If you’re like most people, when somebody sends you feedback from an NPS survey, the best you’re going to do is file it away in a database. They read it and then discard the information.
If you’re a regular reader of this blog, then at the very least you’re probably at least respond to these comments. But what do you do after you’ve responded to those comments? After all, the data is really fantastic. It’s the authentic voice of your customer (also known as VOC).
So what do you do with a gold mine full of VOC data?
The obvious way to use VOC data is to improve your product. When people complain about something in an NPS survey, you fix the problem. When people need a new feature, you add the feature. That’s the obvious way to use VOC data. But what are some unexpected ways to use it?
1) Extract Reusable & Quotable Sentences Into a Spreadsheet
If somebody gives you a 9 or 10 with their NPS survey, chances are that when they tell you why they gave you 9 or 10, it’s going to include some pretty nice things. If you immediately reply back to that email and ask permission to quote them, they are very likely to say yes.
Make a spreadsheet with all the quotable sentences and indicate whether they have agreed to let you use the quote publicly. If they do not give permission, you can still use their quote internally to show your own team or investors, so it is still useful to keep track of it.
But when they do give permission, you can now use it in many different ways:
- Use a tool like Buffer or SocialOomph to create a queue of tweets and social updates
- Post the testimonials on your website
- Use the testimonials in your email marketing
- Add quotes to your product’s description as social proof
2) Categorize the VOC Data
Tagging the NPS responses with high-level categories (for example, if someone says “I love how easy your product is to use,” you could tag that feedback with ease-of-use) allows you to not only produce interesting reports with patterns and trends that might be hard to spot otherwise, but also gives you actionable data that you can use when communicating with the customer in the future.
For example, if you were to put that data back into your mailing list provider like MailChimp, you’d be able to start tailoring some custom messaging for that customer. If they are the kind of person that likes ease-of-use, the emails that you send could mention that. For example here’s what an email that’s customized for person based on their response from an NPS might look like:
I have an exciting announcement for you today. Anybody that appreciates ease-of-use as much as you do will be able to really appreciate this new feature.
In MailChimp, you would program the email to look something like this:
I have an exciting announcement for you today. Anybody *|IF:LIKES|* that appreciates *|LIKES|* as much as you do *|ELSE:|* like you *|END:IF|* will be able to really appreciate this new feature.
If you aren’t familiar with the concept of merge tags, take a look at this tutorial. Every newsletter system has something similar.
This is an incredibly powerful technique, especially if you keep adding more information to your mailing list database over time. Eventually, you can create highly customized messages and even target messages only to specific subsets of users based on the data they give you.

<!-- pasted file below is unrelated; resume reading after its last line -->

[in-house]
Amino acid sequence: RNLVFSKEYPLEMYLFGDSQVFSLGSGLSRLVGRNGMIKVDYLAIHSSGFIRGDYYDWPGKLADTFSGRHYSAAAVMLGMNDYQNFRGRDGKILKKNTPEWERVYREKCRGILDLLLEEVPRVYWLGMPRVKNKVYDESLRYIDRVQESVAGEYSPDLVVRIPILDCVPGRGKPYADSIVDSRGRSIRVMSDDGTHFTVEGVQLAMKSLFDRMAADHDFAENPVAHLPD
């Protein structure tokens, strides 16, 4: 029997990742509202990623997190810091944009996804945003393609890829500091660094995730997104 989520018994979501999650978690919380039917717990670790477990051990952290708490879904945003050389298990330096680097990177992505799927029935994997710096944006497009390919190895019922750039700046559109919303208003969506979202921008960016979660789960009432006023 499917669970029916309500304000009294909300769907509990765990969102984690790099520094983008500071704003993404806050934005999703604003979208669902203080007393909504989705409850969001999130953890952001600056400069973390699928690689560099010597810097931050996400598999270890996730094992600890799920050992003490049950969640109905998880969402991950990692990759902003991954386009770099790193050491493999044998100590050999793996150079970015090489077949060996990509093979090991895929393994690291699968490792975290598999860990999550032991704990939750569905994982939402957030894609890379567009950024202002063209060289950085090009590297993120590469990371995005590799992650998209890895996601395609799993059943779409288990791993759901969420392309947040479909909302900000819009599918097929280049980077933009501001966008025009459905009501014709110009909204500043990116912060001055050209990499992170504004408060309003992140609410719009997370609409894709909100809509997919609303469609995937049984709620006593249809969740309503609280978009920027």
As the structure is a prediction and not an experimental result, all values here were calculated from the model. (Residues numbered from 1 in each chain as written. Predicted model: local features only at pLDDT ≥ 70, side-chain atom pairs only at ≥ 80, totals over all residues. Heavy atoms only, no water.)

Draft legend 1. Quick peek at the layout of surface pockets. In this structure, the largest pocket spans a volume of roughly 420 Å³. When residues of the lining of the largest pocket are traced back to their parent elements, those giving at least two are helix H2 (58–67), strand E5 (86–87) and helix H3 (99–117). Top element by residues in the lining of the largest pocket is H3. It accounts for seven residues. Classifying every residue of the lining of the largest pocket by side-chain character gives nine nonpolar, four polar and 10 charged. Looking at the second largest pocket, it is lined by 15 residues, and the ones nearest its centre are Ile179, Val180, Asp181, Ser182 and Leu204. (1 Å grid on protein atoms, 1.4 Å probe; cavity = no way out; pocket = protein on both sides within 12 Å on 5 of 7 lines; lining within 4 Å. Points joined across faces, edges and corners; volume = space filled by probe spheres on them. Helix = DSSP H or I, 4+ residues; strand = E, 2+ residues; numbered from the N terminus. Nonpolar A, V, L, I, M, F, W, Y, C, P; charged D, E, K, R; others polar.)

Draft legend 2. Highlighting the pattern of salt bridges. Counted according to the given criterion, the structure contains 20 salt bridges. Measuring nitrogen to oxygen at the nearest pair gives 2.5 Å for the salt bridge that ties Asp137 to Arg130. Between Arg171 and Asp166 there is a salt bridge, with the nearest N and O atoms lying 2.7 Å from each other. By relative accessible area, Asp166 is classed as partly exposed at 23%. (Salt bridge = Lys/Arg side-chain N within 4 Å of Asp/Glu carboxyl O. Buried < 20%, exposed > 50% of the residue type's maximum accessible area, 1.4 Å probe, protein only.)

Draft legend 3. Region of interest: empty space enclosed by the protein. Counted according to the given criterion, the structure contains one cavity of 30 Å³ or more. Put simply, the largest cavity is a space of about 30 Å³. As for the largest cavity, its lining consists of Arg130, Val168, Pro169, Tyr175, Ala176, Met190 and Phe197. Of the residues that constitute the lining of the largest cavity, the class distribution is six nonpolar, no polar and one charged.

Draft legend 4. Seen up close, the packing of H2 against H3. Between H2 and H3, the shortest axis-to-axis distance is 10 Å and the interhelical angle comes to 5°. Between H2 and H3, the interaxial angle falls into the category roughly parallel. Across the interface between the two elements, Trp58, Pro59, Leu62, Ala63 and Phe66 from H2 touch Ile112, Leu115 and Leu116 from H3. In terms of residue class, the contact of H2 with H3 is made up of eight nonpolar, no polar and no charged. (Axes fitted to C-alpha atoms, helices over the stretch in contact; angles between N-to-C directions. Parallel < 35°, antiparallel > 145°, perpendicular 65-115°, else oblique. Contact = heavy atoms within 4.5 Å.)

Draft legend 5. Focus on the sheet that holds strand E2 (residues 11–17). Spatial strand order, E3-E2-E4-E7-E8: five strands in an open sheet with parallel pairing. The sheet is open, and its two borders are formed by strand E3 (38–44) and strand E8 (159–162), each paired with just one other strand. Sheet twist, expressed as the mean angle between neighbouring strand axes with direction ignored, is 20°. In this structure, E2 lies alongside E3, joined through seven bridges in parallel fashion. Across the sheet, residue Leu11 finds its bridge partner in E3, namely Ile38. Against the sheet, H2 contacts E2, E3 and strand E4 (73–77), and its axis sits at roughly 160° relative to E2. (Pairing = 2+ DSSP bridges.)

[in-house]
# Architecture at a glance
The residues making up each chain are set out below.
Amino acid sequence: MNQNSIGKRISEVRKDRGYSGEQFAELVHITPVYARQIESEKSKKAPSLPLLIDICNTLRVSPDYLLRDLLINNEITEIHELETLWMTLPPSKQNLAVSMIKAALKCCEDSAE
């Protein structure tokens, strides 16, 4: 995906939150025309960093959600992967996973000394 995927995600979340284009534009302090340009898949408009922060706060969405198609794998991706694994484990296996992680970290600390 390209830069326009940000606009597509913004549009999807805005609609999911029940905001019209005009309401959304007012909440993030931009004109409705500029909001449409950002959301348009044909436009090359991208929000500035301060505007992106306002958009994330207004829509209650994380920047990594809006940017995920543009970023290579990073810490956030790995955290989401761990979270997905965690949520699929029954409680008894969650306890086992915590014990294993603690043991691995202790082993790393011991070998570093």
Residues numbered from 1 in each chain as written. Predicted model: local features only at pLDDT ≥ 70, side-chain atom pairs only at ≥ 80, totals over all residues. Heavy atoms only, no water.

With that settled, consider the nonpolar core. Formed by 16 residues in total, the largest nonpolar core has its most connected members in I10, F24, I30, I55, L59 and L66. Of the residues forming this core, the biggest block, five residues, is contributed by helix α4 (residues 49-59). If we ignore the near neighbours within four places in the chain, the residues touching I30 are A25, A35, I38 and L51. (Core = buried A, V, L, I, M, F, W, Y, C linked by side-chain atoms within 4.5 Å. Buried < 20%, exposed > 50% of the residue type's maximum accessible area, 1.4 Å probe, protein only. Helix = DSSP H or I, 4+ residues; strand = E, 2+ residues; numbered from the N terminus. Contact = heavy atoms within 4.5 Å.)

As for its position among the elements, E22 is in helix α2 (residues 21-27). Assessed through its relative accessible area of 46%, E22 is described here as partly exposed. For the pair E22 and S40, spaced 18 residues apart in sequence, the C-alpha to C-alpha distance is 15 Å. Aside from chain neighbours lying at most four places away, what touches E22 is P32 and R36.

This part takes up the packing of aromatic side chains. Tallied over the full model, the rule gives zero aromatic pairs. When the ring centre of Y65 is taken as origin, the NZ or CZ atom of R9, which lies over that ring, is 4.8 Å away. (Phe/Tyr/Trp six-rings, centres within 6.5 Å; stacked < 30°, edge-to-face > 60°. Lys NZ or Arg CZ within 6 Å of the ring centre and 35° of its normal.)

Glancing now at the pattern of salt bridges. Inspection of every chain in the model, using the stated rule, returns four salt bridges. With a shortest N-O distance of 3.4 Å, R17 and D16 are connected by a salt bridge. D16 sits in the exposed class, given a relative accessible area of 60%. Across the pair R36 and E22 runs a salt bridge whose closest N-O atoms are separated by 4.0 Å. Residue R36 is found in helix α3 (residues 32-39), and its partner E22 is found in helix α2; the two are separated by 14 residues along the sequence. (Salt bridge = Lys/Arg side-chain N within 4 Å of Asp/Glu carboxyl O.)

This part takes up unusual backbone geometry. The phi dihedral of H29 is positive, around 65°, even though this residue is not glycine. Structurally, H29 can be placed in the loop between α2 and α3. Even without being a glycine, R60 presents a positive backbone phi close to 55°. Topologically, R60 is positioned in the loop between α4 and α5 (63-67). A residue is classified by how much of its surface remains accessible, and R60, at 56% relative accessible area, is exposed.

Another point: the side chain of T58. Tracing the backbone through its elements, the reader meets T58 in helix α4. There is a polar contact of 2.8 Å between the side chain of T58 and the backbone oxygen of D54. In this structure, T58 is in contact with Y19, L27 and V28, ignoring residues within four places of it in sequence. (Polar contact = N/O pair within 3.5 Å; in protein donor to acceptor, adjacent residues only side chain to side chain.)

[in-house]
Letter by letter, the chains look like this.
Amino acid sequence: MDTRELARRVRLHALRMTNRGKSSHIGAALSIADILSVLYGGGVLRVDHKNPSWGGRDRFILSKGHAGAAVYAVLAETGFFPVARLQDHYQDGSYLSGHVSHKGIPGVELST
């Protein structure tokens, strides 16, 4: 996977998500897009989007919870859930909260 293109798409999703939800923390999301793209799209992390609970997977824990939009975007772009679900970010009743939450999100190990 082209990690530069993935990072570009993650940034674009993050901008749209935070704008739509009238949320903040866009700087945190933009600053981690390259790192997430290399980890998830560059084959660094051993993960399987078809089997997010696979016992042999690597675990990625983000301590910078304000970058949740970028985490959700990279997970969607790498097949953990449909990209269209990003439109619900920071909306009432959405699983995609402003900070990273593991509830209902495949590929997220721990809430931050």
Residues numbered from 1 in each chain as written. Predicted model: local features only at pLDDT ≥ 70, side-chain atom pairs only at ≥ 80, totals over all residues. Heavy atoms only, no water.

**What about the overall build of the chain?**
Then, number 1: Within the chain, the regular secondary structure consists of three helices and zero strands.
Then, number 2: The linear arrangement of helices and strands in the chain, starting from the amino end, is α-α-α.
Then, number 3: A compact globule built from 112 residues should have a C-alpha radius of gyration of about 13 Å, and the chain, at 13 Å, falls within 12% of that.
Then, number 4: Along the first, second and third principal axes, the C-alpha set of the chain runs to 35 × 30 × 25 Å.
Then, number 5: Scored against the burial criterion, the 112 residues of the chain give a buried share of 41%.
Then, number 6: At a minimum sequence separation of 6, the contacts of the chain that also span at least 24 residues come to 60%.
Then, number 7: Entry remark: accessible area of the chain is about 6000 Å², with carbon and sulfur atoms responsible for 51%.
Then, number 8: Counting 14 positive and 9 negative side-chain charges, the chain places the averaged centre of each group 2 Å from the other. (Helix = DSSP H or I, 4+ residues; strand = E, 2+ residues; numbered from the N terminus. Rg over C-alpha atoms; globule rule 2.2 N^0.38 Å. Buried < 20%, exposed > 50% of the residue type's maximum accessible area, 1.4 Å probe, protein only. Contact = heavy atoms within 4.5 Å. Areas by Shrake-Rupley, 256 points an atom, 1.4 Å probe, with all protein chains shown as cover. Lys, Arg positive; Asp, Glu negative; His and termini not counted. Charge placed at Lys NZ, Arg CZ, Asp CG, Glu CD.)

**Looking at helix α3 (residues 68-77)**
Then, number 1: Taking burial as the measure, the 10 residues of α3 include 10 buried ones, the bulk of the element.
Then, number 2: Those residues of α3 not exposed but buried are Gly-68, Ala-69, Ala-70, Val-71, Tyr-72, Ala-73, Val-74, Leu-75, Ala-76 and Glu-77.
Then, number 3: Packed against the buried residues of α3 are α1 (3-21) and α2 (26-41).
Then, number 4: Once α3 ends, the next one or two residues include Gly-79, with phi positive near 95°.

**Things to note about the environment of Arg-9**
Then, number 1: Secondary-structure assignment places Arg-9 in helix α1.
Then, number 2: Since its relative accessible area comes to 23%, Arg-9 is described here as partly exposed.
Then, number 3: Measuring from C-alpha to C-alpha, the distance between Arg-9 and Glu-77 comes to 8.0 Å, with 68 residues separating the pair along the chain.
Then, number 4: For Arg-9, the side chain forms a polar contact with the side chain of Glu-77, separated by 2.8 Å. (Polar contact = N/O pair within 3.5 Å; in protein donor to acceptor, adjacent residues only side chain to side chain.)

3) Ensure Your Company is Reaching its Goals
The information you get out of the voice of customer survey is such valuable gold that you want to make sure that you don’t lose track of it. One of the best ways that you can ensure that you don’t lose track of it, is by making it one of your key performance indicators. In the previous examples we’ve been using the positive feedback and reusing it for things like tweets and status updates and customizing emails, but in this unexpected way to use customer feedback, we actually focus on the negative feedback — what is traditionally thought of as a detractor. People give you a score of 0 to 6.
Just like the positive feedback, you should be categorizing your negative feedback. Then you can notice trends about why people aren’t happy with your product or service. If you were to take the top 3 most common complaints received in NPS and committed to fixing those problems within a certain amount of time (3 weeks to 3 months depending on your programming agility).
Then at the end of every quarter, you can look back at the three biggest complaints and make sure that you’ve made progress on all of them. A great way to make sure that you are staying in touch with the customers, and continuously improving in ways that actually make a difference to their everyday use of your product or service.
If you don’t use VOC when working on your product, you can end up in a trap where you’re always fixing bugs with the software or adding features that nobody was asking for. So using NPS’s VOC can dramatically help make sure you’re building something that people actually want to use.
With everything you learned from this blog post, I hope you can see the power of the voice of customer. There’s so much more you can do with this, if you just use your imagination. These powerful ideas go above and beyond what most people do with their businesses. So if you were to implement just one of them, you’re way ahead of the crowd.
Do you have any ideas for how to use VOC not in this blog post? Leave them in the comments below!